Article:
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Report Number P70-126
Rose M. Kreider and Renee Ellis
Component ID: #ti1231649301

Introduction

This report examines the diversity of children’s living arrangements in households in the United States. The data are from the household relationship module of the Survey of Income and Program Participation (SIPP) collected in early 2009.1 This is an update of an earlier report based on data from the 2004 SIPP Panel.2

Detailed information was obtained on each person’s relationship to every other person in the household at the time of interview, permitting the identification of various types of relatives and parent-child and sibling relationships. This report includes descriptions of extended family households with relatives and nonrelatives, whose presence may influence a child’s development and contribute to the household’s economic well-being. It also examines the degree to which children are living in single-parent families or with stepparents, adoptive parents, or no parents while in the care of another relative or a guardian.

Various factors influence the diversity of children’s living arrangements, including parental death, divorce, remarriage, births to unmarried women, cohabitation of unmarried parents, and multigenerational families. Forty percent of births today are to unmarried mothers, and these children may grow up in single-parent families or spend significant portions of their lives with other relatives or stepparents.3 Immigration may also influence the type of household and family in which children grow up, when families provide housing for their immigrant relatives and friends. Hispanics constitute a large component of new immigrants to the United States, and this factor is evident in these children’s living situations.4

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1 The data in this report were collected from January through April 2009 in the second wave (interview) of the 2008 SIPP Panel. The population represented (the population universe) is the civilian noninstitutionalized population living in households with children under 18 years old in the United States. Detailed tables for this report can be accessed on the U.S. Census Bureau’s Web site at <www.census.gov/population/www/socdemo/child/la-child.html>. The items asked in the household relationship topical module, which include detailed relationships of all household members to all others, are also available on the Census Bureau’s Web site at <www.census.gov/sipp/core_content/2008/questswave2/2008w2core.pdf>.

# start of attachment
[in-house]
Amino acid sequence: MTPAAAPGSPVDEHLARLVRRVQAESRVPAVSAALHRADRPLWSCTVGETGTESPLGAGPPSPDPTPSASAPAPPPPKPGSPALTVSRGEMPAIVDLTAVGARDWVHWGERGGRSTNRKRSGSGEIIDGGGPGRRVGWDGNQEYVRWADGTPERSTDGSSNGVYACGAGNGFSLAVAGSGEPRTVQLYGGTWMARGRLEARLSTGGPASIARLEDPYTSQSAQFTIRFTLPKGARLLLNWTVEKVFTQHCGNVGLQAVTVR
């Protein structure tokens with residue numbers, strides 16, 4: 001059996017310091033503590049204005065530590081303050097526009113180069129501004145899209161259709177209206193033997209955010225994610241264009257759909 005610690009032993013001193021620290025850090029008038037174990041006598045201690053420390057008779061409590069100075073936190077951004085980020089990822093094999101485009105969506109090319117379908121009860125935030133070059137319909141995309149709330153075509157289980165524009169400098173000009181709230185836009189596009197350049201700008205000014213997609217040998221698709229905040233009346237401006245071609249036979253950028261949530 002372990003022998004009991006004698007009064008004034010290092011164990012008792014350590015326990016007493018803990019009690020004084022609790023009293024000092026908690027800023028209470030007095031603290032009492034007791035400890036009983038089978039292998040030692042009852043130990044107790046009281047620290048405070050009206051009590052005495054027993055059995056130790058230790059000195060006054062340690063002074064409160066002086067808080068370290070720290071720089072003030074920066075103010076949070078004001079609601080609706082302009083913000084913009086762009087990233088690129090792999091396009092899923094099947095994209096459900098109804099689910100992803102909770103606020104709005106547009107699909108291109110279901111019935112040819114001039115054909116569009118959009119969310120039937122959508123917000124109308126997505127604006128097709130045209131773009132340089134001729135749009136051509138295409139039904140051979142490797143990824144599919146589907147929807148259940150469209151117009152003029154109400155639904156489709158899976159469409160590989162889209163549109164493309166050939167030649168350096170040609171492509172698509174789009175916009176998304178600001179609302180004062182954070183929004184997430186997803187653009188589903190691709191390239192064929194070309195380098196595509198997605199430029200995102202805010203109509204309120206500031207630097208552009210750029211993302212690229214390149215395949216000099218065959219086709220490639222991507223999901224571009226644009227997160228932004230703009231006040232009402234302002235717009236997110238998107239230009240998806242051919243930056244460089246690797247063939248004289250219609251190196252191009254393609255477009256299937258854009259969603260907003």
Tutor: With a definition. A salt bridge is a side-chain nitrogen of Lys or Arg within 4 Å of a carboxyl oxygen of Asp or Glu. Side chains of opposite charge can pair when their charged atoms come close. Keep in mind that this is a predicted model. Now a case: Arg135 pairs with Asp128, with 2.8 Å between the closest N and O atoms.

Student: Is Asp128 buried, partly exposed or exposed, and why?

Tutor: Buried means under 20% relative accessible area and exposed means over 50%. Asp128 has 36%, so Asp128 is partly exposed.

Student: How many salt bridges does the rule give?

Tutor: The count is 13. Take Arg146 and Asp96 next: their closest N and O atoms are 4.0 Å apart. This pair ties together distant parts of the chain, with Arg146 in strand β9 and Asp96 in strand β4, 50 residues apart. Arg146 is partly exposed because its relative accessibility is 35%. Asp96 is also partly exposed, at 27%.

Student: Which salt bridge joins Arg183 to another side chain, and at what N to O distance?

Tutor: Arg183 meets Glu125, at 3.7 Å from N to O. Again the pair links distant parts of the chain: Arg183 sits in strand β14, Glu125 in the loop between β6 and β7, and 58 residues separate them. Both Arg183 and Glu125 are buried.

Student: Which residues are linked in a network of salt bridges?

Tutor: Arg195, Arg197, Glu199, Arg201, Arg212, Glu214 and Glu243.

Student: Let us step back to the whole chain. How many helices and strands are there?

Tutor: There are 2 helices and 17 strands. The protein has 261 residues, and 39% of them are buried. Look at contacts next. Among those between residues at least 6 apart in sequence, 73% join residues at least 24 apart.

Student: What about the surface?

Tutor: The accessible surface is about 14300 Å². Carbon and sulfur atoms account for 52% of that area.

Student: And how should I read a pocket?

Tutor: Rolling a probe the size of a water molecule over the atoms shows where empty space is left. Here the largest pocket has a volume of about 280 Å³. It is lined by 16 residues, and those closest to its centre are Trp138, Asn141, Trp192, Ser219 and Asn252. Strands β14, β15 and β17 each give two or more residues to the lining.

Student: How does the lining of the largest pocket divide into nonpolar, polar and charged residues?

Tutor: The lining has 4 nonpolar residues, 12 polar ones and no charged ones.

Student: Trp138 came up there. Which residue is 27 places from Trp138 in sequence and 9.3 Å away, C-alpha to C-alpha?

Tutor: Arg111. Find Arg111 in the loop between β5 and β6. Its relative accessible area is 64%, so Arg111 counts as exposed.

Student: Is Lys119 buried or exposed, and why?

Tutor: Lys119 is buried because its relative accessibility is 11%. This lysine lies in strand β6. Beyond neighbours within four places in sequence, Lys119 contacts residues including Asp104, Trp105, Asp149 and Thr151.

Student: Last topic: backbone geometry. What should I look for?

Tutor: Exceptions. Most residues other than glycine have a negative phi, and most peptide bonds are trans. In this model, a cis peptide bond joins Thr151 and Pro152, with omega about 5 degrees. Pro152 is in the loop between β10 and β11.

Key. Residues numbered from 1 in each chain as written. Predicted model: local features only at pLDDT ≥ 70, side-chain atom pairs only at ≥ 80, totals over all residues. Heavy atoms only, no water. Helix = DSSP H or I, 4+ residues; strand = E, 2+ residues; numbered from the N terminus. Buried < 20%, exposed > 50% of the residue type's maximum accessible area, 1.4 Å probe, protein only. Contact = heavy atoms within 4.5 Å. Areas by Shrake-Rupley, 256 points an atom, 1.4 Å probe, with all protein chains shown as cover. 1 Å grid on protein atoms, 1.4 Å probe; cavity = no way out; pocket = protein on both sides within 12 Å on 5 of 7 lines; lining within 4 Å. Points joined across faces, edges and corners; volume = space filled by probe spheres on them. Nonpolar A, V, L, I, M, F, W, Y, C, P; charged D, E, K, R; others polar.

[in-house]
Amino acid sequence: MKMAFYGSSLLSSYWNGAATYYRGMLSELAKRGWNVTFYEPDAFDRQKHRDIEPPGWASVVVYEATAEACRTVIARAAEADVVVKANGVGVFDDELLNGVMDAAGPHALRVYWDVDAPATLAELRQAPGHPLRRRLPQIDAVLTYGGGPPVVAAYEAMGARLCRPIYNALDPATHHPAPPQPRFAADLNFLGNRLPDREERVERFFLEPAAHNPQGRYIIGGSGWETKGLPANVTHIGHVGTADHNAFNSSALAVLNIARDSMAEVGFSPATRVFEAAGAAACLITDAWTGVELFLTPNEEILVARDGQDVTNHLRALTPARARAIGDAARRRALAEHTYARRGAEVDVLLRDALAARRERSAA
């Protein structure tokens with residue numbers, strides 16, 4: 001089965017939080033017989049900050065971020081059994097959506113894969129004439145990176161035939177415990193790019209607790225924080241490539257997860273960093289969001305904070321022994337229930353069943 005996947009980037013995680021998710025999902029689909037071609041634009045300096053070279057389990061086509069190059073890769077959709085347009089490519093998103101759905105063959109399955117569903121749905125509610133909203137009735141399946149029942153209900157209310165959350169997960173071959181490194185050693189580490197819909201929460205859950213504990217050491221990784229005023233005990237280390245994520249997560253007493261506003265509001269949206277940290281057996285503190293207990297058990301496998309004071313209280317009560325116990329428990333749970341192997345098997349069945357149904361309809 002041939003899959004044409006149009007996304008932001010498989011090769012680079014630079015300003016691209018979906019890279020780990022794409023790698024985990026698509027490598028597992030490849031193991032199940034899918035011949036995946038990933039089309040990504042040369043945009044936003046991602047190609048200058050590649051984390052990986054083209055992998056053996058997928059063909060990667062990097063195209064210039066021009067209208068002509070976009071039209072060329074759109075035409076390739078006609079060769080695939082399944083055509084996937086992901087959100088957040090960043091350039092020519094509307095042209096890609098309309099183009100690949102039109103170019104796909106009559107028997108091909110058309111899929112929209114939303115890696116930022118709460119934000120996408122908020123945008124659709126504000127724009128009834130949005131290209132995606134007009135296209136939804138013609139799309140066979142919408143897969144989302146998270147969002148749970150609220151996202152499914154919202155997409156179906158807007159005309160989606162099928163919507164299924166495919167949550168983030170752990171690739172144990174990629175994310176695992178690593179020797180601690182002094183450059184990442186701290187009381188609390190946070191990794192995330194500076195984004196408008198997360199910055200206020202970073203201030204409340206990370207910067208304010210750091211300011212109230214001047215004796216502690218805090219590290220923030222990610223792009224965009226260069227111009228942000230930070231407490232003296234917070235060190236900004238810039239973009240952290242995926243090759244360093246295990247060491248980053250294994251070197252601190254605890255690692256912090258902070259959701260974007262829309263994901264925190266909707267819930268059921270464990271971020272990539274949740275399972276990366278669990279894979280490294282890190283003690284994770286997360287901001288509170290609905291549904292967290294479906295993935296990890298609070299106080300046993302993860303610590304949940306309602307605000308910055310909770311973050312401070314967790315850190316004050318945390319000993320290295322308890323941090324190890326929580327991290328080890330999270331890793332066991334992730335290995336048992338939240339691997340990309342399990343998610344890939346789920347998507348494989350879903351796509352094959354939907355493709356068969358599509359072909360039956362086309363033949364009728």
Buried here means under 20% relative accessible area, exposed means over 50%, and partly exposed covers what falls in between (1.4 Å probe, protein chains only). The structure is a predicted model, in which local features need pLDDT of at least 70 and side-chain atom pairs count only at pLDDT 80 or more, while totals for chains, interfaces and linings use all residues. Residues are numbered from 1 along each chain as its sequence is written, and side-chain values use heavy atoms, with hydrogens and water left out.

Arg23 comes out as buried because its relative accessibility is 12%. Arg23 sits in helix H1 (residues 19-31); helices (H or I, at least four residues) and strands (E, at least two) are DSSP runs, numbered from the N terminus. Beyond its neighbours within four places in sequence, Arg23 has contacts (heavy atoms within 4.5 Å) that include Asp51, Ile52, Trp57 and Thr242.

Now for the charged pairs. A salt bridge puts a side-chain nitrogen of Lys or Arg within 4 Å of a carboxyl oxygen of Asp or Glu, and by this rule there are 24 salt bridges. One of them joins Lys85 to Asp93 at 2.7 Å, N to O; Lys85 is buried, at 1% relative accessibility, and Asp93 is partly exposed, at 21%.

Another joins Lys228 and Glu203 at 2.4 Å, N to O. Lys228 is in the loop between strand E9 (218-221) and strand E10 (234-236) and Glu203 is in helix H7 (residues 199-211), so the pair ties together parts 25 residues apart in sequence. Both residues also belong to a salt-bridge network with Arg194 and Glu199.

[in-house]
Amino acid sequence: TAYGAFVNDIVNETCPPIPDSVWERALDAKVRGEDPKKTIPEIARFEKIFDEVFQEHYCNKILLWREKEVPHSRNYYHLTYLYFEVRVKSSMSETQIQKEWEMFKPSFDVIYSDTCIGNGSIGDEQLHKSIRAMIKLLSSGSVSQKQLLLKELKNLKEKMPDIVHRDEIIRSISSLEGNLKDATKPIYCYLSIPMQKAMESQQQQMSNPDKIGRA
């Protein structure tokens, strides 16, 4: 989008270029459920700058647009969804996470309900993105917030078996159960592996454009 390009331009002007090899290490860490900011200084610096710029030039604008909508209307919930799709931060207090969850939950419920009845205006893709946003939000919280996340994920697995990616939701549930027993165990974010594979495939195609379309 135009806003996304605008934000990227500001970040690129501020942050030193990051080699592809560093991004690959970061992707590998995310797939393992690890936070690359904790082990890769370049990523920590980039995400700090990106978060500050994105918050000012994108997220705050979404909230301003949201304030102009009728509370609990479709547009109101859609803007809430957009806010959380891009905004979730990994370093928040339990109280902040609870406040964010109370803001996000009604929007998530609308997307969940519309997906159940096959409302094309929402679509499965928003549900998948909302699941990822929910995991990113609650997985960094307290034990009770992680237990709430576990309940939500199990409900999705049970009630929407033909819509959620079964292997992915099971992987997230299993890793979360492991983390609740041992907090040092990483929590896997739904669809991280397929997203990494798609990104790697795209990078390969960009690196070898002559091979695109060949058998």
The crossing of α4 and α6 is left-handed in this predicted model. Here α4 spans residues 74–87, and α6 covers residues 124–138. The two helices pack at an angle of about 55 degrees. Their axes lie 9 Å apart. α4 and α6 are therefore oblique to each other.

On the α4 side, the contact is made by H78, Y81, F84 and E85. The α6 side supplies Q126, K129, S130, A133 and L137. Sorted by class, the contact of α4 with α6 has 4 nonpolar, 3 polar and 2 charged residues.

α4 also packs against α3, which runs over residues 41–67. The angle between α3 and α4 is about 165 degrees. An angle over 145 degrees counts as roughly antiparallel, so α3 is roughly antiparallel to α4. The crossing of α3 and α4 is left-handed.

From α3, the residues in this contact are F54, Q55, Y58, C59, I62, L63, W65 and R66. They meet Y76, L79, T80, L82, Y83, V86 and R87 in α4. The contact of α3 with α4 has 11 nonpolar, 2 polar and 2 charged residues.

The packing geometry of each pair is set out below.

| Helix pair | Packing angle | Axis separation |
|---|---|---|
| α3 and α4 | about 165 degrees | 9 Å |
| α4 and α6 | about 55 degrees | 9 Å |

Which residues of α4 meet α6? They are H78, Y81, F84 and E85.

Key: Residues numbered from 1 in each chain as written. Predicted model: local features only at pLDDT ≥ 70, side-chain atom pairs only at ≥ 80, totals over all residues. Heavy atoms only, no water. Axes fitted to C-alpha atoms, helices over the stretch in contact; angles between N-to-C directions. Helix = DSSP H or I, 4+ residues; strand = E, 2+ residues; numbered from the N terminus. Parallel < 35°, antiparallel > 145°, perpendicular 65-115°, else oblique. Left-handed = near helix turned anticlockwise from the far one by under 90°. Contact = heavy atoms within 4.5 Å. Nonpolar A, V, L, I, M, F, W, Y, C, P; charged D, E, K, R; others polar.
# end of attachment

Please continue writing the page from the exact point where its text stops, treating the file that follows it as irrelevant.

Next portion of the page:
2 Kreider, Rose M., “Living Arrangements of Children: 2004,” Current Population Reports, P70-114, U.S. Census Bureau, Washington, DC, 2008, available at <www.census.gov/prod/2008pubs/p70-114.pdf>.

3 Martin, Joyce A., M.P.H.; Brady E. Hamilton, Ph.D.; Paul D. Sutton, Ph.D.; Stephanie J. Ventura, M.A.; T.J. Mathews, M.S.; Sharon Kirmeyer, Ph.D.; and Michelle J.K. Osterman, M.H.S.; “Births: Final Data 2007,” National Vital Statistics Reports, National Center for Health Statistics, Hyattsville, MD, 2010, Vol. 58, No. 24.

Kennedy, Sheela and Larry Bumpass, “Cohabitation and Children’s Living Arrangements: New Estimates From the United States,” Demographic Research, 2008. Vol. 19, pp. 1663–1692.

4 Because Hispanics may be any race, data in this report for Hispanics overlap with data for the White, Black, and Asian populations. Based on the population under 18 years old in the 2008 SIPP panel, Wave 2, 26 percent of the White-alone population, 9 percent of the Black-alone population, and 2 percent of the Asian-alone population were also Hispanic.

Grieco, Liz, “Race and Hispanic Origin of the Foreign-Born Population in the United States: 2007,” American Community Survey Reports, ACS-11, U.S. Census Bureau, Washington, DC, 2010, available at <www.census.gov/prod/2010pubs/acs-11.pdf>.

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